Old Earth Ministries Online Dinosaur Curriculum

Free online curriculum for homeschools and private schools

From Old Earth Ministries (We Believe in an Old Earth...and God!)

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Lesson 72 - Plesiosaurs

A plesiosaur (Greek meaning 'near' or 'close to' a 'lizard') was a type of carnivorous aquatic (mostly marine) reptile. After their discovery, plesiosaurs were somewhat fancifully said to have resembled "a snake threaded through the shell of a turtle", although they had no shell. The common name "plesiosaur" is applied both to the "true" plesiosaurs (Superfamily Plesiosauroidea), which include both long-necked (elasmosaurs) and short-necked (polycotylid) forms, and to the larger taxonomic rank of Plesiosauria, which includes the pliosaurs. The pliosaurs were the short-necked, large-headed plesiosaurians that were the apex predators for much of the Mesozoic.

Plesiosaurs (sensu Plesiosauroidea) appeared at the end of the Triassic Period and throve until the K-T extinction, at the end of the Cretaceous Period. While they were Mesozoic diapsid reptiles that lived at the same time as dinosaurs, they were not dinosaurs. Gastroliths are frequently found associated with plesiosaurs.


Quick Facts


Length:  10 feet for smallest species, up to 65 feet for largest species

Date Range:  210 - 65 Ma, Triassic - Cretaceous Period



Reconstructed skeleton of Thalassomedon hanningtoni, an elasmosaurid   (Picture Source)


The first plesiosaur skeletons were found in England by Mary Anning, in the early 19th century, and were amongst the first fossil vertebrates to be described by science. Many museums all over the globe have plesiosaur specimens.

Plesiosaurs had a broad body and a short tail. They retained their ancestral two pairs of
Dolichorhynchops, a short-necked, long-jawed plesiosaur, National Museum of Natural History, Washington D.C.  (Picture Source
 limbs, which evolved into large flippers.

It has been determined by teeth records that several sea-dwelling reptiles, including Plesiosaurs, had a warm-blooded metabolism similar to that of mammals. They had the ability to generate endothermic heat to survive in colder habitats.


Plesiosaurs evolved from earlier, similar forms such as pistosaurs or very early, longer-necked pliosaurs. There are a number of families of plesiosaurs, which retain the same general appearance and are distinguished by various specific details. These include the Plesiosauridae, unspecialized types which are limited to the Early Jurassic period; Cryptoclididae, (e.g. Cryptoclidus), with a medium-long neck and somewhat stocky build; Elasmosauridae, with very long, inflexible necks and tiny heads; and the Cimoliasauridae, a poorly known group of small Cretaceous forms. According to traditional classifications, all plesiosaurs have a small head and long neck but, in recent classifications, one short-necked and large-headed Cretaceous group, the Polycotylidae, are included under the Plesiosauroidea, rather than under the traditional Pliosauroidea. Size of different plesiosaurs varied significantly, with an estimated length of Trinacromerum being three meters and Mauisaurus growing to twenty meters.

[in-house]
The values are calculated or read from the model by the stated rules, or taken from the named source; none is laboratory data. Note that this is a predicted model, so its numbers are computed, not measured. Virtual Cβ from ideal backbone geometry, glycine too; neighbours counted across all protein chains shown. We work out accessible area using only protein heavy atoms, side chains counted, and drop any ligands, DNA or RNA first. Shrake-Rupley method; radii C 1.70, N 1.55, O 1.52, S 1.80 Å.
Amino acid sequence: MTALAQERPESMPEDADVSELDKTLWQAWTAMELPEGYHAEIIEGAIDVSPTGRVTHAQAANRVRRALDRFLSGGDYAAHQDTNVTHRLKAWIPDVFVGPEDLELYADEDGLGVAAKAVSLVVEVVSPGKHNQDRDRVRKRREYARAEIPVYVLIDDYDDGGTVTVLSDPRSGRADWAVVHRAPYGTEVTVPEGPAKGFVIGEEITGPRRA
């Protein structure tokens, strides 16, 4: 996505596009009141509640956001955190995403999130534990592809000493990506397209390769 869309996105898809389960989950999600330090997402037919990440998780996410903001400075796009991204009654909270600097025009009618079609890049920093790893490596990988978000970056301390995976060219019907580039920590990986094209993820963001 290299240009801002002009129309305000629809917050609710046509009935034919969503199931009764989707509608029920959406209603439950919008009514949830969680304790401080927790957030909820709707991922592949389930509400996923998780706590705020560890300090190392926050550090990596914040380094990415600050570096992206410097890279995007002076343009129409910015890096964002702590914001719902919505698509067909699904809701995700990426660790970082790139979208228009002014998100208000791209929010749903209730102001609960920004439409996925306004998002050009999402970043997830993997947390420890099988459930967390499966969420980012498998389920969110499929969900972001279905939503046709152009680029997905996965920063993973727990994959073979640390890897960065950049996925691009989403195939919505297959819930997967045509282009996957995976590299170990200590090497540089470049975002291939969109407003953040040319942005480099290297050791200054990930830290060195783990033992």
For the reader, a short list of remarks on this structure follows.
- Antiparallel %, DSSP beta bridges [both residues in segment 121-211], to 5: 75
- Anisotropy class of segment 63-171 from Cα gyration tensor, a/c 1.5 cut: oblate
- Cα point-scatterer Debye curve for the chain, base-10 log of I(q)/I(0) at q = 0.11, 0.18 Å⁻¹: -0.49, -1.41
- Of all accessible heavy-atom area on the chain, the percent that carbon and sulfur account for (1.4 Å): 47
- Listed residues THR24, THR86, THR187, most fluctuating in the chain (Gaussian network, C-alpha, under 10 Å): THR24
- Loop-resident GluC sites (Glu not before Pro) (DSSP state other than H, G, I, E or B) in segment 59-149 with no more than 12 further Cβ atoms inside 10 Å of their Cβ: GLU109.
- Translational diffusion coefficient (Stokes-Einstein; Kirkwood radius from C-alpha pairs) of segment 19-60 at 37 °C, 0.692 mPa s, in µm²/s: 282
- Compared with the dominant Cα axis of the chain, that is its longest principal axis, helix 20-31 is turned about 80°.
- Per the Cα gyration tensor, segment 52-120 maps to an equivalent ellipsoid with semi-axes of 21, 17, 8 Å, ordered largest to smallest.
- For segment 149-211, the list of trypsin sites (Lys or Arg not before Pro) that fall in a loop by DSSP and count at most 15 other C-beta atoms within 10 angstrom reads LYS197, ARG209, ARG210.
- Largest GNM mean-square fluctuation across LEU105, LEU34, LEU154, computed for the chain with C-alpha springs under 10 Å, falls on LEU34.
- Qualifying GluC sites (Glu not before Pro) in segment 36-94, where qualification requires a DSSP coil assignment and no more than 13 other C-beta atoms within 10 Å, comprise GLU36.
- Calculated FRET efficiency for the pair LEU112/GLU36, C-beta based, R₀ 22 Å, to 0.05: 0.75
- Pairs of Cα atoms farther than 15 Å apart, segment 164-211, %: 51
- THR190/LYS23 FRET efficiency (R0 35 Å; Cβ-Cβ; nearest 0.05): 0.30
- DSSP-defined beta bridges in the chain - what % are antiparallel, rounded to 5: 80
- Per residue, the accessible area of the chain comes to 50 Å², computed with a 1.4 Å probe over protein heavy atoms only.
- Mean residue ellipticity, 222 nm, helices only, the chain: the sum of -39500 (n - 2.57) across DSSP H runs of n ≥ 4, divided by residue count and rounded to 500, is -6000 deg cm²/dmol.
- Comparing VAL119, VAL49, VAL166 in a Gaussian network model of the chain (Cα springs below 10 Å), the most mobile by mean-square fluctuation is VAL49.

Unlike their pliosaurian cousins, plesiosaurs (with the exception of the Polycotylidae) were
Restoration of a Plesiosaurus dolichodeirus pair, one catching a fish  (Picture Source
 probably slow swimmers. It is likely that they cruised slowly below the surface of the water, using their long flexible neck to move their head into position to snap up unwary fish or cephalopods. Their four-flippered swimming adaptation may have given them exceptional maneuverability, so that they could swiftly rotate their bodies as an aid to catching prey.

Contrary to many reconstructions of plesiosaurs, it would have been impossible for them to lift their head and long neck above the surface, in the "swan-like" pose that is often shown. Even if they had been able to bend their necks upward to that degree (which they could not), gravity would have tipped their body forward and kept most of the heavy neck in the water.  Most famous of these poses is the ones that portray the mythical Loch Ness Monster.

The series Walking with Dinosaurs shows the plesiosaur Cryptoclidus hauling out on land like a sea lion.


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